It  is pretty hard to get excited about a model that has been around since 1968 and basically looks the same.  Comfortably familiar, yes, but excited? Not usually!  The Jaguar XJ Series is known for refinement.  It is known for its distinctive appearance, its bloodlines, and its regal bearing. Close to a million of them have been sold, almost half of all Jaguars sold, so obviously what it has is what a lot of people want.  But few customers or reviewers have ever been surprised by the XJ Series.  It is, to put it bluntly, what it is and has never pretended to be more.

All of the above are valid statements unless you hop behind the wheel of the performance version of the XJ, named the XJR.  Then your attitude will need a serious adjustment for the XJR is a radical shift from stately and regal and more in line with reckless and footloose. 

Two major changes were made in the production of the Jaguar XJR: first, the wheelbase was shortened and second, a supercharged engine was added.  The 4.2-liter V8 engine has 400 horses backing it and yet is lighter than any of its earlier engines and in fact lighter than any of its German counterparts.  Add power, decrease poundage, and you have the XJR doing the 0-60 sprint in five seconds flat.  And the truly remarkable thing about it all is that the XJR does it all in such a quiet manner.  An estimated 3000+ rivets hold the panels together and unworldly insulation keeps noise to a minimum.  In other words, this beast of the jungle has some serious albeit silent bite.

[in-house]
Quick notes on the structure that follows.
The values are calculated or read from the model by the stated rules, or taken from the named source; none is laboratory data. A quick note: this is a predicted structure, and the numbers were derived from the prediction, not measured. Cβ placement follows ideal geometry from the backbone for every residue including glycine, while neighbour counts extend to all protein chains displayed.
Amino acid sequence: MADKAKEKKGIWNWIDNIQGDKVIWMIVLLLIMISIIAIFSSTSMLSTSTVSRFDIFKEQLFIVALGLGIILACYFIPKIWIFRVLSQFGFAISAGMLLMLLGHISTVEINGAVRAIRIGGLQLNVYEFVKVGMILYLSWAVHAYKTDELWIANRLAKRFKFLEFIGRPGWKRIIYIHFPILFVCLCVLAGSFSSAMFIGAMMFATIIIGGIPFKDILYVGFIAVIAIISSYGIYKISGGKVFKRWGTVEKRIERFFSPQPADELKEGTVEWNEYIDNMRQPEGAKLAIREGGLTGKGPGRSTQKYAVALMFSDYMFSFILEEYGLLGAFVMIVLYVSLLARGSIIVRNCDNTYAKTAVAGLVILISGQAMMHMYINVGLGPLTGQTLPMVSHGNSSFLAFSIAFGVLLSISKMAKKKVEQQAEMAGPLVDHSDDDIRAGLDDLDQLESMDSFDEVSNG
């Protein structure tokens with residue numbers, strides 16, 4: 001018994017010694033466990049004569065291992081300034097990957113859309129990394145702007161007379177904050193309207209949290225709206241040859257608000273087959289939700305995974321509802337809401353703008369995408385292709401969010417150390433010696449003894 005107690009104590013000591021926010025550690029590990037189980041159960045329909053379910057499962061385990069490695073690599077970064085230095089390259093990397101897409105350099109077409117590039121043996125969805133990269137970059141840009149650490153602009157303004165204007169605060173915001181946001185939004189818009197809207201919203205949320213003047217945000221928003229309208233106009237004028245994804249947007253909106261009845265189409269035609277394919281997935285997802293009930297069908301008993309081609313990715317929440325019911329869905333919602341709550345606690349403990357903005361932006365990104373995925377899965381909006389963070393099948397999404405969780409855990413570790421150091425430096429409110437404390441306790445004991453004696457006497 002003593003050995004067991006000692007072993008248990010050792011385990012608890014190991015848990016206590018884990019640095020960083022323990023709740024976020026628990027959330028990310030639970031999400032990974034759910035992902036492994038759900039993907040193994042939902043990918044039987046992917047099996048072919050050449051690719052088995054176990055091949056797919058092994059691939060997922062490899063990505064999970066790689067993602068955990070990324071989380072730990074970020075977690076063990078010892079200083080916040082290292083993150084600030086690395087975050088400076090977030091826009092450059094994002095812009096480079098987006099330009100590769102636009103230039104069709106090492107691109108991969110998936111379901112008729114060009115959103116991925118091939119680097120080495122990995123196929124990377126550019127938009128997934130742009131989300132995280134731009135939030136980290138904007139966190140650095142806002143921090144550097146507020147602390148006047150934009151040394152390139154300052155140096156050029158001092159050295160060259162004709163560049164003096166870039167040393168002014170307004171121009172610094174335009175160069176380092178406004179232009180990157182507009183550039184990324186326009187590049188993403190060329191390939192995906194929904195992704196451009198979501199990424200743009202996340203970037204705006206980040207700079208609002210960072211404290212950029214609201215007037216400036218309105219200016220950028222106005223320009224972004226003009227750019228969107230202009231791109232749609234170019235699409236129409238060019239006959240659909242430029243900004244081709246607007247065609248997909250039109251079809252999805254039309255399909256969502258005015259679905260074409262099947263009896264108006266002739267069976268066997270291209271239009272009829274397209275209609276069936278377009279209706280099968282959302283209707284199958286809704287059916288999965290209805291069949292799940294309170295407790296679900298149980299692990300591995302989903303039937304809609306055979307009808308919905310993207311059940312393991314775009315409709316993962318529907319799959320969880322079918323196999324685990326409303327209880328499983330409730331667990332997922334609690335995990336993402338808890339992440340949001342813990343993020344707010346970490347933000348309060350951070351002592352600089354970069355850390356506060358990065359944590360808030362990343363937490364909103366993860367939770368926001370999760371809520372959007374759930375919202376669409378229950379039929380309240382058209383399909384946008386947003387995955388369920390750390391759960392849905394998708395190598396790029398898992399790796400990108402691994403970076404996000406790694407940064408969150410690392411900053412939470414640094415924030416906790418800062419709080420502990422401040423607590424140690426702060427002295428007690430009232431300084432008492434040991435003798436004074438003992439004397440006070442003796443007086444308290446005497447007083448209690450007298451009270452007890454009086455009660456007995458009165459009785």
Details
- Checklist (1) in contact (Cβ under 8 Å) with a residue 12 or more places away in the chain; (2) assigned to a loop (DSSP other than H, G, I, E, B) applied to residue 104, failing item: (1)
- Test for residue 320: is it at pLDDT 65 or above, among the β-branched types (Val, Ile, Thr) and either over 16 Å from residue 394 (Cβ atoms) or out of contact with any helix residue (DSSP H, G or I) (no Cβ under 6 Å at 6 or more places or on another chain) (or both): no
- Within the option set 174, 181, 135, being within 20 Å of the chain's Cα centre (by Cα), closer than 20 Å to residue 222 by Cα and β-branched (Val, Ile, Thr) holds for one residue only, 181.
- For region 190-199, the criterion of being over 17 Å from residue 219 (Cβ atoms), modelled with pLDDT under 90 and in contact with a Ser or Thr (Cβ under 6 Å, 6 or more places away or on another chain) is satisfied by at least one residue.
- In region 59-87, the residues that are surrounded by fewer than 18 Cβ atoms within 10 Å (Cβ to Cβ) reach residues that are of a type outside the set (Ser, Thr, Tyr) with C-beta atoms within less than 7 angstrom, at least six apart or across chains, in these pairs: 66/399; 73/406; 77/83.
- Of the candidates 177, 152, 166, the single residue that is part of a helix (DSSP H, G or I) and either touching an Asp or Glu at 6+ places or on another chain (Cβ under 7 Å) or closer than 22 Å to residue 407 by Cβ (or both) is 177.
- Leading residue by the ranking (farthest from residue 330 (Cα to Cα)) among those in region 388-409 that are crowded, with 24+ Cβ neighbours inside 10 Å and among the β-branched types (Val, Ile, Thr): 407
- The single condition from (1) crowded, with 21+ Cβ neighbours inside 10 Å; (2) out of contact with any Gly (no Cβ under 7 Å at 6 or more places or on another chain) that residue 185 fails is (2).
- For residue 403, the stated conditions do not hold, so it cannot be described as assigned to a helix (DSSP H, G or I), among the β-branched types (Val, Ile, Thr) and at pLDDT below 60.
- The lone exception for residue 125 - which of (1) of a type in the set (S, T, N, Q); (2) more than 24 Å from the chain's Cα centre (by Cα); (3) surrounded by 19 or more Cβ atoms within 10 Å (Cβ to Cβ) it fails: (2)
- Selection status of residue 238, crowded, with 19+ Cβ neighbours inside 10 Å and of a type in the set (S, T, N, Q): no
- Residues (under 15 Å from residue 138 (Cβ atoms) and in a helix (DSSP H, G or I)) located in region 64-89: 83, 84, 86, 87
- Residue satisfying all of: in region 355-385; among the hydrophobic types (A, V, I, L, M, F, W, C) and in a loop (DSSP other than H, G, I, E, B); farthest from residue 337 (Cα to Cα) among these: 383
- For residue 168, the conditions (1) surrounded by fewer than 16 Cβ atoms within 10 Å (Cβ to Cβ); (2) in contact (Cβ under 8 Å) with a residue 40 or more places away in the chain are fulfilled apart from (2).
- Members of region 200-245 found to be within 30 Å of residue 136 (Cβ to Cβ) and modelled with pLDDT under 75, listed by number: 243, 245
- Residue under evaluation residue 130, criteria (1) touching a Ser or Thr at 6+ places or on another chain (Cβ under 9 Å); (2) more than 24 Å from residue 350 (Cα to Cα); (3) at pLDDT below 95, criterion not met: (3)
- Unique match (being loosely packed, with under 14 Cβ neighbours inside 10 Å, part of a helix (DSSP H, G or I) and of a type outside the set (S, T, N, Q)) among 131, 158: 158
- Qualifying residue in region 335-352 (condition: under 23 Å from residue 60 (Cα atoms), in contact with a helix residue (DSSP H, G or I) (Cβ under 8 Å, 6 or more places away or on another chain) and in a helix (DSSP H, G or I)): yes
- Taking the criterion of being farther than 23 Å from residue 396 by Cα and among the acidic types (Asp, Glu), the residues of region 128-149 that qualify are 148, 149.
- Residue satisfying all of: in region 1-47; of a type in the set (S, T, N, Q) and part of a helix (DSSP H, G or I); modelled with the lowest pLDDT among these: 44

None of the expected interior luxuries have been tossed aside in making the XJR, and the air suspension and stability controls deliver a wonderfully smooth ride around town or in the country.  It isn’t until you try doing hairpin turns at sixty do you sense the steering and stability might be a wee bit lacking but seriously, why would you do a hairpin turn at sixty?

Under optimum driving conditions the Jaguar XJR got a remarkable 30 mpg but realistically in everyday driving conditions one could expect closer to 18 mpg.  Still, not bad for a huge, hungry engine. 

Price is of course a serious consideration and why ruin a glowing report by mentioning that most of us will never be able to afford one of these beauties?  Apart from that financial glitch this is a truly remarkable European import that was born of some time-honored British principles like class and elegance but morphed into a supercharged cousin of the original XJ.